WASHINGTON, D.C. -- The Senate Judiciary Committee is scheduled to begin debate Thursday morning on a bill to repeal the Defense of Marriage Act, which bars federal recognition of same-sex marriages.
As is the case with most new bills that appear before the committee, a vote on the Respect for Marriage Act is likely to be held over until next week, should a committee member request such a delay.
The bill, introduced in March by Judiciary Committee member Sen. Dianne Feinstein of California, is cosponsored by all 10 Democrats on the committee and none of the eight Republicans. Feinstein's bill currently has 30 cosponsors overall as LGBT advocacy groups continue to seek more support from lawmakers including Sen. Bob Casey of Pennsylvania and Sen. Jack Reed of Rhode Island.
Only one GOP member of congress, Florida Rep. Ileana Ros-Lehtinen, has sponsored repeal of the 1996 law. Ros-Lehtinen signed on to the House version of the bill in September.
Though political observers expect the bill to pass out of committee, it's yet unclear whether any opposition will lead to amendments aimed at derailing the legislation. Committee members are required to circulate any amendments the night before they are offered; the committee releases amendments on its website after they are offered in session.
If passed out of committee, the Respect for Marriage Act still faces an uncertain fate on the Senate floor. Meanwhile, legal challenges against DOMA continue to mount. Last week, a group of gay and lesbian service members and their spouses sued the federal government, arguing that the law denies them equal benefits to which their heterosexual colleagues are entitled.
The Judiciary Committee's Thursday schedule also lists several judicial nominations, including Michael Walter Fitzgerald, who would become the nation's fourth openly gay federal judge if confirmed. Nominated by President Obama in July, Fitzgerald testified before the committee last month.
Update: As expected, a committee vote on the DOMA repeal bill has been held over until next week.
Fitzgerald's judicial nomination was reported through committee with no dissenting votes and will be voted on by the full senate. It's unclear when that will happen: There are now 22 judicial confirmations pending before the senate.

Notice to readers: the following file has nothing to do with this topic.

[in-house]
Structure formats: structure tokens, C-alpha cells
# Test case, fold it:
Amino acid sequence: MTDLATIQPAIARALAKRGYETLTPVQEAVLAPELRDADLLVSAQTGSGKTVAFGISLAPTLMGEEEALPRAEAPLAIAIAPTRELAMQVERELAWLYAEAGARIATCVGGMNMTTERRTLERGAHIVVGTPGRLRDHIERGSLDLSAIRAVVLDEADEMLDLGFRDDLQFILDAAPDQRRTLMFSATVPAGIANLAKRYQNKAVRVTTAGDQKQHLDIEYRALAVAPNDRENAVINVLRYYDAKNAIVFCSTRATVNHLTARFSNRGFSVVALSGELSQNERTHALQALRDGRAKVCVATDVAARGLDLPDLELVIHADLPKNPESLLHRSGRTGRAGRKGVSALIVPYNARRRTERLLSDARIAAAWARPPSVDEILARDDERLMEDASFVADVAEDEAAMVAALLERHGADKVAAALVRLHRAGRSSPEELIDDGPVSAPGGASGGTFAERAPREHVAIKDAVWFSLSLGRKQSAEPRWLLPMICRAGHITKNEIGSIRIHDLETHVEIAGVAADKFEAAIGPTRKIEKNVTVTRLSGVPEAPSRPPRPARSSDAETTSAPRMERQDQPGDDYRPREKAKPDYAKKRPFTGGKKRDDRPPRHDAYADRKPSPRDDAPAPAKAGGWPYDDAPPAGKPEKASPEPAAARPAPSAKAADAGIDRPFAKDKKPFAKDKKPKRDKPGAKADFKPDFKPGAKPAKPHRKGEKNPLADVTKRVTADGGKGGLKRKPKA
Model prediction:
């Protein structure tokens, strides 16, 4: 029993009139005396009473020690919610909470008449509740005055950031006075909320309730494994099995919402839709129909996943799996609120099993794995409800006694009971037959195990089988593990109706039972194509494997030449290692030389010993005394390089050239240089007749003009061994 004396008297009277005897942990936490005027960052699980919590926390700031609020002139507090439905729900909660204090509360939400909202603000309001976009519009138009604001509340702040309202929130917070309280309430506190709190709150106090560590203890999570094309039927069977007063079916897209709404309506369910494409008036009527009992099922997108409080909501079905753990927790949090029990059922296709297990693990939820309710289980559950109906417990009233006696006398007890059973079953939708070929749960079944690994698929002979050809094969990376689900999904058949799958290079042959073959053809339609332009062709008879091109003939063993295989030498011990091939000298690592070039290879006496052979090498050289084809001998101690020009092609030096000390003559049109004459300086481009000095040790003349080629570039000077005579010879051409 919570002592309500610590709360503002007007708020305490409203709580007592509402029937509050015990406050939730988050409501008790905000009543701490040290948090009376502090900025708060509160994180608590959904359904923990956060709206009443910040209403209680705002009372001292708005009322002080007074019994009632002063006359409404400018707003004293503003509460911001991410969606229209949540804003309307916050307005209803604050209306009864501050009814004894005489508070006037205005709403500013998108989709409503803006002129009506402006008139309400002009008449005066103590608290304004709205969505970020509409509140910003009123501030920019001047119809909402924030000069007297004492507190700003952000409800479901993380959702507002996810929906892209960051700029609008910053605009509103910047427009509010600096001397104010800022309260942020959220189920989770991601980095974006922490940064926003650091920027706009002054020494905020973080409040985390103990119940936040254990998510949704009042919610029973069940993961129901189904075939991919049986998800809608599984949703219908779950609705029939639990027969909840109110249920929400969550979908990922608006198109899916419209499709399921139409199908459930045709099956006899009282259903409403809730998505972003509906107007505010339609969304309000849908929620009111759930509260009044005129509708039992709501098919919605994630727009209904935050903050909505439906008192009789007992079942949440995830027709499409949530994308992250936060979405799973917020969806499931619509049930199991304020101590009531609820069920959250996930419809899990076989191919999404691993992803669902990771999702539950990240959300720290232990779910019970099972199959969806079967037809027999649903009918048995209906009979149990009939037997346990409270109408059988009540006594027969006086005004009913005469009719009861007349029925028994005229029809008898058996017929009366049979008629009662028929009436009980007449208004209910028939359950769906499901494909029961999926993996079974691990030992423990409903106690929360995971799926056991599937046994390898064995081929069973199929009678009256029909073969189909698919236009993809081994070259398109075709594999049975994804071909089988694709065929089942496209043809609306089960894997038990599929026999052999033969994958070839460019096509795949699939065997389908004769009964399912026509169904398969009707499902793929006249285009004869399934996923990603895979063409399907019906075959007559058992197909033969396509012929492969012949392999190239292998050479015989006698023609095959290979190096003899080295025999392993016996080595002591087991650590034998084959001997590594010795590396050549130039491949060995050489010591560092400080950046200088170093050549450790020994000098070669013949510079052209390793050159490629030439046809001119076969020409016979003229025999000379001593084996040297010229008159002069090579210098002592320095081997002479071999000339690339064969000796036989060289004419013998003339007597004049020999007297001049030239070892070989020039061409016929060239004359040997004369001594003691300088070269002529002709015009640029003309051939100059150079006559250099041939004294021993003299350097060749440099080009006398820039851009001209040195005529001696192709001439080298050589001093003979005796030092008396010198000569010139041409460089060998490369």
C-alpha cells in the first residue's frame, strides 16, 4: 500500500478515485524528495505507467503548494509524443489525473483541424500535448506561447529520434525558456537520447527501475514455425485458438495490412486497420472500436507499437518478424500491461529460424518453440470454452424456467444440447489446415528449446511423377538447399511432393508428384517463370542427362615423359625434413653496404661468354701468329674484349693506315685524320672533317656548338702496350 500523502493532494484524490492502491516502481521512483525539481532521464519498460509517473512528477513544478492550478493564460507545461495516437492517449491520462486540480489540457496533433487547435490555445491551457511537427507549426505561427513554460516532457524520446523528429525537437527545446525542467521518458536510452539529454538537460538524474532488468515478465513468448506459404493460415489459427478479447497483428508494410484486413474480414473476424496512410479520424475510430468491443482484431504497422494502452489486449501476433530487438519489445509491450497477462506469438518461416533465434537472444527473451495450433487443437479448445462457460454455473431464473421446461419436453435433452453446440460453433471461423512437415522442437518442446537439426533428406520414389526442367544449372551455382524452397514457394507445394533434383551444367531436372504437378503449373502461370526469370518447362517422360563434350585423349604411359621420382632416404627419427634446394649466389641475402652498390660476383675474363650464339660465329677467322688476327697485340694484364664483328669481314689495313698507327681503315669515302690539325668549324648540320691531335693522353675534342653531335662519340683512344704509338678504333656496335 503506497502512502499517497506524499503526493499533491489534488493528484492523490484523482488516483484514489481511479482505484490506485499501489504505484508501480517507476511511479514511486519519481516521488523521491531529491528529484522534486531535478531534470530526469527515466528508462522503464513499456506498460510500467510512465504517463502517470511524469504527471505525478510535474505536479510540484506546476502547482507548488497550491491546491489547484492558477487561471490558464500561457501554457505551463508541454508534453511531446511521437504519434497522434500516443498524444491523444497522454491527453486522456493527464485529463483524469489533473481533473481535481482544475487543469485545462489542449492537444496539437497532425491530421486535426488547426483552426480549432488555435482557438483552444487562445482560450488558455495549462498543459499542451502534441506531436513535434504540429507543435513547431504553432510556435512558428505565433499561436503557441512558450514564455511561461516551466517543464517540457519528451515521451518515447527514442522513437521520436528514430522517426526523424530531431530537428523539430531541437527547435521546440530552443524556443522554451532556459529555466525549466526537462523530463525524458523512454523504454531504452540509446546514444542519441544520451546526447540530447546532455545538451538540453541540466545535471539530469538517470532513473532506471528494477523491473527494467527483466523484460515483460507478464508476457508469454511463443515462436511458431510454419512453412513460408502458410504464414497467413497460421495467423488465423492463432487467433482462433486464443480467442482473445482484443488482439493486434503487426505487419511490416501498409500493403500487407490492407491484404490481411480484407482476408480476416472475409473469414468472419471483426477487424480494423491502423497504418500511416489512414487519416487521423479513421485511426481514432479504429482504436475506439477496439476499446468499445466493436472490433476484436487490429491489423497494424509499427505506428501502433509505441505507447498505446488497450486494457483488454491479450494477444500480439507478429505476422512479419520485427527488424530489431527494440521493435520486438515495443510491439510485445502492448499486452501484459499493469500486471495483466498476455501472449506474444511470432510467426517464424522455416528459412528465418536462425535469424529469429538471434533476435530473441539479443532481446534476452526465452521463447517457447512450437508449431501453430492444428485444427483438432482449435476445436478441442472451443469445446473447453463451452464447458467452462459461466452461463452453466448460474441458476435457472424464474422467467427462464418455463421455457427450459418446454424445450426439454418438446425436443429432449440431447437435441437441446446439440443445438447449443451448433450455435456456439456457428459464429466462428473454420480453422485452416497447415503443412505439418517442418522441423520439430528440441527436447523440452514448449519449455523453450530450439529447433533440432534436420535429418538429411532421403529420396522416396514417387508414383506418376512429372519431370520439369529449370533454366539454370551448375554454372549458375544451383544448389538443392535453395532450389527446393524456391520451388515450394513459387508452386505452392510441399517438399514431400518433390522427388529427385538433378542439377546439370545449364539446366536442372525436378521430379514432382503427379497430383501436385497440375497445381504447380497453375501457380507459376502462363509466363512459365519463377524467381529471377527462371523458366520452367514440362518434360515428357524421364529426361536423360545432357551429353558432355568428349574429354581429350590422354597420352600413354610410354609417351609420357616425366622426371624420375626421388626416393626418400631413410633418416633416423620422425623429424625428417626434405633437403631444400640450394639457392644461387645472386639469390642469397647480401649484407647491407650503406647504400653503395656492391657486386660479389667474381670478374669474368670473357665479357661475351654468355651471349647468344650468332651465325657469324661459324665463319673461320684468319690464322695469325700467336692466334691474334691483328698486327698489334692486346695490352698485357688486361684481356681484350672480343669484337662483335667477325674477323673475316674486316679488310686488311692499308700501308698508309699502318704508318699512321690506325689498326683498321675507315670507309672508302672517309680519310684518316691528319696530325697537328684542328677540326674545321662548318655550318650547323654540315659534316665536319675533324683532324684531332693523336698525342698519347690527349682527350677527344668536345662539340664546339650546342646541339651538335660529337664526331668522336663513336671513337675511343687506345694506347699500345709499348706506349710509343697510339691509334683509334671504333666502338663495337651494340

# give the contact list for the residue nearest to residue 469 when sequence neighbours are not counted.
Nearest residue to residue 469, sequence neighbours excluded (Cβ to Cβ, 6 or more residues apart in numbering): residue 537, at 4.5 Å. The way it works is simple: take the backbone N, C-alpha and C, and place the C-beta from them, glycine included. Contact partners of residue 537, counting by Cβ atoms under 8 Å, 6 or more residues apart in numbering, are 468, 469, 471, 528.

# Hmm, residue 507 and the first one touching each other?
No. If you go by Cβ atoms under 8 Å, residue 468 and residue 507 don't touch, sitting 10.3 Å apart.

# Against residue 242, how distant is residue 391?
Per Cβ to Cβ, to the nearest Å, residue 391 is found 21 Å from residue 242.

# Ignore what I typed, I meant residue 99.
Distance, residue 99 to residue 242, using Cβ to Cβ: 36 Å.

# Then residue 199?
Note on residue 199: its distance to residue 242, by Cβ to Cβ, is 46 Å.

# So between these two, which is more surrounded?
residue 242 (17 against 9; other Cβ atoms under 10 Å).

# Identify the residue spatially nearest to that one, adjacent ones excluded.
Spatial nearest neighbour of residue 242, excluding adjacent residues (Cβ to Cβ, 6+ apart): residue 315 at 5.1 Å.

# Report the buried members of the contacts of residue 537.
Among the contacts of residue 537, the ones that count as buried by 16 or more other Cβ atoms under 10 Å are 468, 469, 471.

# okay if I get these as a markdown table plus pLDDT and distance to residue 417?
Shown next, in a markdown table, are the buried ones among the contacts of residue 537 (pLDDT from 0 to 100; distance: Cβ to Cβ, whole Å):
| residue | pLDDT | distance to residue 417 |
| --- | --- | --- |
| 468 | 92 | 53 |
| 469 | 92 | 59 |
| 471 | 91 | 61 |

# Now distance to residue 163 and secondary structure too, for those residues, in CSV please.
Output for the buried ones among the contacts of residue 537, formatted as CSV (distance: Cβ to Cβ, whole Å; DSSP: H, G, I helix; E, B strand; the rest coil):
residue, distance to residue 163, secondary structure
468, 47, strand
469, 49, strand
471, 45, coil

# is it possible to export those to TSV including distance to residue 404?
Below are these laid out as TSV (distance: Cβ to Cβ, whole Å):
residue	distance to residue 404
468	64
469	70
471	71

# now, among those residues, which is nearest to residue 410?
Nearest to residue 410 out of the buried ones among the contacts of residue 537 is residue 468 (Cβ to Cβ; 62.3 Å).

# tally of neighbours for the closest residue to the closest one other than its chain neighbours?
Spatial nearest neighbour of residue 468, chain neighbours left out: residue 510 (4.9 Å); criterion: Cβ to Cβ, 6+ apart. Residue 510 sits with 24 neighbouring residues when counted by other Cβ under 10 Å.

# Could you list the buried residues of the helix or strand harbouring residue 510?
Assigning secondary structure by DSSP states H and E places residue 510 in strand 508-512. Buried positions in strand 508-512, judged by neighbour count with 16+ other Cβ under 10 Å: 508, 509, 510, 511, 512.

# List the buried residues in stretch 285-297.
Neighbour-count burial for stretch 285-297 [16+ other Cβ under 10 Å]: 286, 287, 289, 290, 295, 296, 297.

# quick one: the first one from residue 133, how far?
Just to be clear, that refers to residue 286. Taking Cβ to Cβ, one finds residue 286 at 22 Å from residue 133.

There are currently three amendments to the Respect for Marriage Act from Sen. Grassley, though none were offered during the meeting today. Members have until next Wednesday afternoon to offer amendments on the bill.
In Thursday morning remarks, Chairman Leahy said that a number of states, as well as the District of Columbia, that have marriage equality "are undermined by the operation of DOMA. The result is that in these states, DOMA has created a tier of second-class families who are not treated equally under the law. This runs counter to the values upon which America was founded."
Chairman Leahy's prepared remarks before the committee on the Respect for Marriage Act:
"Today we also begin debate on the Respect for Marriage Act. Earlier this year, I was proud to join Senator Feinstein and others to introduce the Respect for Marriage Act, a bill that would repeal DOMA (the Defense of Marriage Act), and restore the rights of all lawfully married couples.
"When I voted for DOMA in 1996, I believed that it was a way to allow states to maintain their independence and define marriage as each state saw fit. But much has happened since DOMA's passage to show us why it must now be repealed. Six states, including Vermont, and the District of Columbia, have now provided the recognition and protections of marriage to committed same-sex couples. Unfortunately, the protections that these states provide to their married citizens are undermined by the operation of DOMA. The result is that in these states, DOMA has created a tier of second-class families who are not treated equally under the law. This runs counter to the values upon which America was founded.
"The Respect for Marriage Act would restore the power of states to define and determine "marriage" without the Federal Government imposing its restrictive definition of marriage on the states. No one can dispute that the issue of marriage has traditionally been left to the states. Repealing DOMA would return this power to the states where it belongs.
"The Respect for Marriage Act would allow for all couples who are married in accordance with state law to be eligible for the same Federal protections afforded to every other lawfully married couple in the country. Nothing in this bill would obligate any person, religious organization, state, or locality to perform a marriage between persons of the same sex. What would change, and what must change, is the Federal Government's unequal treatment of state-approved marriages. All married couples deserve the same clarity, fairness, and security under our Federal law. The time has come for the Federal Government to recognize that all married couples deserve the same legal protections.
"I look forward to the repeal of DOMA. This Committee taking favorable action on this bill takes us closer to that day."